The RFID-Enabled Dairy Farm: Towards Total Farm Management
Radio-frequency identification (RFID) is currently being deployed in government mandated livestock identification schemes across the world. RFID in its basic function can help authorities identify animals, especially when traceability becomes paramount during disease outbreaks across regions. This paper provides a view of how an RFID-enabled dairy farm can leverage mobile network infrastructure towards achieving total farm management. The data for the study was collected from two case studies, both NLIS (national livestock identification system) compliant dairy farms on the South Coast of New South Wales in Australia. The Cochrane and Strong Farms were used as models to illustrate the core and auxiliary technology components of an RFID-enabled dairy farm. This paper provides the first end-to-end view of the infrastructure and processes required to achieve an advanced RFID-enabled state-of-the-art dairy farm.
Section 1. Introduction
An abundance of literature is available regarding the technology of electronic identification, in the form of RFID . However, there is a gap regarding electronic animal identification for the purposes of improving total farm management practices, especially on dairy farms. Articles by Ishmael  and Karnjanatwe  provide a glimpse of the possibilities for utilizing electronic identification for enhanced farm management. James  and Davies  provide more information on deriving benefits specifically related to the dairy industry, however also lack depth and explanations of the farm management practices undertaken to gain these benefits. James states how electronic identification can be used to reduce the labor required for the milking process, providing large cost savings, while Davies  demonstrates the ability to improve the quality of milk yields through controlled feeding processes based on electronic identification.
Section 2. Australian dairy farm case studies
There were two in depth Australian case studies conducted for this investigation . Case Study A was conducted on the Mandelyn Holsteins dairy, owned and operated by the Strong family. This farm was selected as the traditional (low RFID implementation) case study, as they have a well established, highly reputable dairy, however do not currently utilize any RFID devices in their farm management operations. As such, this dairy provides a prime example of how dairy farms can operate currently without the aid of RFID devices. Case Study can be considered advanced and was undertaken on the Cochrane dairy farm, located in Pyree on the NSW South Coast . This farm has been selected as the advanced case study, as it has a strong use of RFID technology, and is well known in the region as one of the most advanced RFID setups. As the farm also utilizes RFID tags that are compliant with Australia's NLIS (National Livestock Identification System) system, the farm provides a currently applicable example of how participants in this system can derive additional benefits through the use of RFID on their dairy farms. The data collection techniques used in this study included interviews, observations and document analysis.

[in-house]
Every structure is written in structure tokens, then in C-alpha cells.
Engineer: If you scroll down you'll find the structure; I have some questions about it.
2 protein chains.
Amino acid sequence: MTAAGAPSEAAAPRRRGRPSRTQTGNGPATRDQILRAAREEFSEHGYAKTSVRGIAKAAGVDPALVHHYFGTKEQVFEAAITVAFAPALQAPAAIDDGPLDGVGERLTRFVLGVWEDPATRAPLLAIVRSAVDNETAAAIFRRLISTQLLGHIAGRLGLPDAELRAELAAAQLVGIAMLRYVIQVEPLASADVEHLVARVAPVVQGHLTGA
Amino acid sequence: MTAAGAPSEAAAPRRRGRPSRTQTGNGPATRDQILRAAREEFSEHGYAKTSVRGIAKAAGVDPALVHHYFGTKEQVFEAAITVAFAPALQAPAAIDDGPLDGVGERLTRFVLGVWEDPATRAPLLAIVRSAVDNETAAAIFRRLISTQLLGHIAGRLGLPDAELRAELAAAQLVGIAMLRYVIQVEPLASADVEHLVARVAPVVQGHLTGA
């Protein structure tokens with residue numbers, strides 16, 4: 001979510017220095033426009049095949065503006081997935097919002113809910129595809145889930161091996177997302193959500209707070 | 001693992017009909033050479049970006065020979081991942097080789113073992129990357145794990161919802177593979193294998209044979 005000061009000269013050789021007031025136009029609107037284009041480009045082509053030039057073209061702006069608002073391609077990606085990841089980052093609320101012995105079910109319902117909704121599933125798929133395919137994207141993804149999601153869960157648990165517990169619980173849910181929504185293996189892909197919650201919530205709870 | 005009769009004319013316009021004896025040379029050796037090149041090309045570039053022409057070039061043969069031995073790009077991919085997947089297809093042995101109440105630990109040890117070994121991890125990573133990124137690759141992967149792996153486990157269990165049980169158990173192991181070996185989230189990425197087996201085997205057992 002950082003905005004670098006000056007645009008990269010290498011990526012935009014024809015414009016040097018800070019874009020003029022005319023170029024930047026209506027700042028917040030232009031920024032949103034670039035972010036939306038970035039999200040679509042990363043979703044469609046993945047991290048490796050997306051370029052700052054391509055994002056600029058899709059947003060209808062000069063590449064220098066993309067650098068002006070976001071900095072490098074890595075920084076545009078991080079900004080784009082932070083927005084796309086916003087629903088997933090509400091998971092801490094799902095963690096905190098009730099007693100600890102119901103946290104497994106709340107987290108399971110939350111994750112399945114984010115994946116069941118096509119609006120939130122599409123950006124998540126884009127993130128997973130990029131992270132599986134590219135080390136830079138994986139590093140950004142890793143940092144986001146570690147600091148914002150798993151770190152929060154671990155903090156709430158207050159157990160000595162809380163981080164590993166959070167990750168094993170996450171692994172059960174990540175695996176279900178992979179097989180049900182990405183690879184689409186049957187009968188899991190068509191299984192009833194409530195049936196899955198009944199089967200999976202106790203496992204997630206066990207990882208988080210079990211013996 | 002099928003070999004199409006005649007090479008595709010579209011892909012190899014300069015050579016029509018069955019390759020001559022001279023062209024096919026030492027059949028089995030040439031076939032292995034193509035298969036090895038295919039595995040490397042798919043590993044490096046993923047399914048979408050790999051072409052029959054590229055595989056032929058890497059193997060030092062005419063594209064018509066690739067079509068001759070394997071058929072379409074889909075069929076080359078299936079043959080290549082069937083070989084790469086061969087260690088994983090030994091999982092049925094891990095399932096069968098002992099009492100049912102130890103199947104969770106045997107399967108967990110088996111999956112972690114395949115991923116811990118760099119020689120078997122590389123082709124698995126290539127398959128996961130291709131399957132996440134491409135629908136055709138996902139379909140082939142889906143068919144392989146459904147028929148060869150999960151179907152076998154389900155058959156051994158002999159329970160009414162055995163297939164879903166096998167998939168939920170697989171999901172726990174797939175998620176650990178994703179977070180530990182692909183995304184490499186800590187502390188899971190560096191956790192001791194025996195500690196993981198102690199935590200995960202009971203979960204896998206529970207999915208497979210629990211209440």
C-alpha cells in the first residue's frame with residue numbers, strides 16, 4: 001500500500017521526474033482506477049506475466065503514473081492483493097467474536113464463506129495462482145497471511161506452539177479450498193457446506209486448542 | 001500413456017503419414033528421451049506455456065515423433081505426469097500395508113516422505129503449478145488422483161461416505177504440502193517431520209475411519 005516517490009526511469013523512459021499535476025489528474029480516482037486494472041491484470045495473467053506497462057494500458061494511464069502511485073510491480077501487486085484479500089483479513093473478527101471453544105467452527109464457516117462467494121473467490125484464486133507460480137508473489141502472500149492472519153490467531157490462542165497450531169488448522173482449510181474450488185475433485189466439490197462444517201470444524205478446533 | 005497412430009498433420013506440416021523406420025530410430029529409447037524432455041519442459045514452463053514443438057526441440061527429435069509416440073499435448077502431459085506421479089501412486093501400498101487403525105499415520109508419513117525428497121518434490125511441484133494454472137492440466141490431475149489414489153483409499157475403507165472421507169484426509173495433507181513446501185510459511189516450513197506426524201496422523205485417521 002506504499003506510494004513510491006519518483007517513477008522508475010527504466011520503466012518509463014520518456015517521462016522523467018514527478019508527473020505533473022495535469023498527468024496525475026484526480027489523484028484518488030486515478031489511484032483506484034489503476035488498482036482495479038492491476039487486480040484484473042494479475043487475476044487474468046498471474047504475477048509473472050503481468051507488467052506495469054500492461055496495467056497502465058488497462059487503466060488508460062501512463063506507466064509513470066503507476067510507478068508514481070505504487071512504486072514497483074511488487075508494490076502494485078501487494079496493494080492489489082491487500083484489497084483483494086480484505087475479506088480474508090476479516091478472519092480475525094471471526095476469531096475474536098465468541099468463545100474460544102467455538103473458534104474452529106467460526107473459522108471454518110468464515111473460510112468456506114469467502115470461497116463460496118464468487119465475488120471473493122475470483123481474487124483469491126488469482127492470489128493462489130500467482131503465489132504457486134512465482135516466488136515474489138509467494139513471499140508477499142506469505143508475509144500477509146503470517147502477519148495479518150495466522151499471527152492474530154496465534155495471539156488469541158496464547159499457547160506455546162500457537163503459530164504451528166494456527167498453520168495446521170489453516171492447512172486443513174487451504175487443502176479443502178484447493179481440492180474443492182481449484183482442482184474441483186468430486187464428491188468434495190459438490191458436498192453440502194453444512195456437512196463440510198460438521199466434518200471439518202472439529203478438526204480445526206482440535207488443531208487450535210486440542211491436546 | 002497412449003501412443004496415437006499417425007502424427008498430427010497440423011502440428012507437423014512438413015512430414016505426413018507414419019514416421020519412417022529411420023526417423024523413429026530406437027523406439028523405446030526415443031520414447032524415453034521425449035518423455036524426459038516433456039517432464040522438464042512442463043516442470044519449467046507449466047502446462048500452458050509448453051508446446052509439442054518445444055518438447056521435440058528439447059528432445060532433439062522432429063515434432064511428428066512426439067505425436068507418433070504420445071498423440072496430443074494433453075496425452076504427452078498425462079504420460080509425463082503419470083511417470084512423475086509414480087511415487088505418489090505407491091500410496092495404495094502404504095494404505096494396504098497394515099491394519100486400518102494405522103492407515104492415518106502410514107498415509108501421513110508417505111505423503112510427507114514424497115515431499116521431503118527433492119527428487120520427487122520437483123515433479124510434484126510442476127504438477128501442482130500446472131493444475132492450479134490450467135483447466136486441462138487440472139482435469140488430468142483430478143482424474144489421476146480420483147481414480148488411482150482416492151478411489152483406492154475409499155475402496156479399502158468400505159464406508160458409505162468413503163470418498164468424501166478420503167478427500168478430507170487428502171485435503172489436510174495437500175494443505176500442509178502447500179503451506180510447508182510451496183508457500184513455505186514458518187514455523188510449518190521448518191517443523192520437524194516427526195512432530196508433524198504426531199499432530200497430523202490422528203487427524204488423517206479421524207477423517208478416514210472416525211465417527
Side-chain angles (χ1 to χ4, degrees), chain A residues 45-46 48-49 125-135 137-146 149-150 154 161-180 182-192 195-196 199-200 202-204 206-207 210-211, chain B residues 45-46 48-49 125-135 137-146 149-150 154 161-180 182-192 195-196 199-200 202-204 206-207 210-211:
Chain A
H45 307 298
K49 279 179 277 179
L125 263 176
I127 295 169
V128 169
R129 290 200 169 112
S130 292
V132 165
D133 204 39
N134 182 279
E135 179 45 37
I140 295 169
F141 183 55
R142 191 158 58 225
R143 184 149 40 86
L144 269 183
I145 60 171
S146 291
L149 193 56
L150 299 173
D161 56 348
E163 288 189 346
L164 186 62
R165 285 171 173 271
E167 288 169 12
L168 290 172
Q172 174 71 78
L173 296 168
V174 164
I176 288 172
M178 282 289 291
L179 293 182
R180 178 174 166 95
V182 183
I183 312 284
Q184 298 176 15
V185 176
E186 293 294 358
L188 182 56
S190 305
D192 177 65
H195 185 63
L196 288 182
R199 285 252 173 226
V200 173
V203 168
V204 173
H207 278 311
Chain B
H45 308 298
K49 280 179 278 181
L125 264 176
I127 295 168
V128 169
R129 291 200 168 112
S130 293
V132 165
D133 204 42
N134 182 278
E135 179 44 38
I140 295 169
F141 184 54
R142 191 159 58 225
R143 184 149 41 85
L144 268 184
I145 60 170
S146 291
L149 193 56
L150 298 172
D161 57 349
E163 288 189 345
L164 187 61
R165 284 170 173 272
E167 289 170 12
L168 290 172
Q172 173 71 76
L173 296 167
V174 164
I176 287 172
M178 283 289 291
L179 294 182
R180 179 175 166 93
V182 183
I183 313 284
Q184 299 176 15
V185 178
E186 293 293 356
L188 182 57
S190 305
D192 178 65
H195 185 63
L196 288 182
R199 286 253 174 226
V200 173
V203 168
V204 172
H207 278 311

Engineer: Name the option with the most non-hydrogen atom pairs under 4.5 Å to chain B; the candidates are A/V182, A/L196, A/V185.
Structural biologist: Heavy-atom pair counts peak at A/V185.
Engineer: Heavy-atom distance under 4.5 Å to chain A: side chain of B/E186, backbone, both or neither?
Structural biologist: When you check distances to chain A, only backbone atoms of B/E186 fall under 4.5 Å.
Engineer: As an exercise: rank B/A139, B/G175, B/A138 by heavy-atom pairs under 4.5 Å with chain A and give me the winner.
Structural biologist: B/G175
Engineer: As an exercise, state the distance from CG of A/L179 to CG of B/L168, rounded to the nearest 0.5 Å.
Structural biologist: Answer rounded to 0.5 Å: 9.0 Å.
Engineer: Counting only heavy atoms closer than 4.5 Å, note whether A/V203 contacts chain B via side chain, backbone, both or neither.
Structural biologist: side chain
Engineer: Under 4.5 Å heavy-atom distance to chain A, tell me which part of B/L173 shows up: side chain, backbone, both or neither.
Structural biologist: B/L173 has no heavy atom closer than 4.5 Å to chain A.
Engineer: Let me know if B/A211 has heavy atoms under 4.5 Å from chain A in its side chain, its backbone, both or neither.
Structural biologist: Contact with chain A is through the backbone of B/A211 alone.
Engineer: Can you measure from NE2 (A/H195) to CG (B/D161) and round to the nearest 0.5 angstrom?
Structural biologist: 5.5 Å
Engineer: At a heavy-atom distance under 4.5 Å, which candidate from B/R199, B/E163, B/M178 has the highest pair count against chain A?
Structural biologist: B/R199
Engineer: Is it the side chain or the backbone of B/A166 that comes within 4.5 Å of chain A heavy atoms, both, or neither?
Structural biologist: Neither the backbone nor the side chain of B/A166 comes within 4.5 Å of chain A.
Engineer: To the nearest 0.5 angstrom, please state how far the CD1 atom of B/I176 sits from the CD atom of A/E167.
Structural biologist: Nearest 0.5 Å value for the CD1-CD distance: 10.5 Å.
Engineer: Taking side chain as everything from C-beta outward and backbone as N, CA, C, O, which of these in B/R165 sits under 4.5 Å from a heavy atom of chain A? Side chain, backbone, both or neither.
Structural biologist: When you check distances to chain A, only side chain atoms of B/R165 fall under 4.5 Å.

Section 3. Mandatory components for RFID-enabled dairy farms
3.1. RFID tags and boluses
RFID tags, boluses or microchips form the basis of any dairy farm RFID system. The choice of which RFID device a farm utilizes is specifically a matter of personal preference for the farm owners. Each of these devices provides the same functionality, reliability and accuracy, and is intended to last for the lifetime of the cow. Further to this, each device has its own advantages and disadvantages (such as tags being cheaper, boluses being irretrievable until the time of slaughter etc.), leaving the eventual choice of device to the individual farmer. There are a number of tags, boluses and microchips available from various vendors, however there are currently only three tags, and one bolus that have been approved for use with Australia's NLIS . As such, Australian farms that are required to participate in the NLIS by state law, or who wish to participate voluntarily, should adopt one of these NLIS recommended devices . Microchips cannot currently be utilized by those participants in the NLIS, as none have been approved to date. The chosen RFID device should be attached to the cow immediately after birth (or several days thereafter). This ensures that all cows on a farm are tagged, and allows the RFID tags to be utilized for farm management practices immediately.
3.2 Herd management software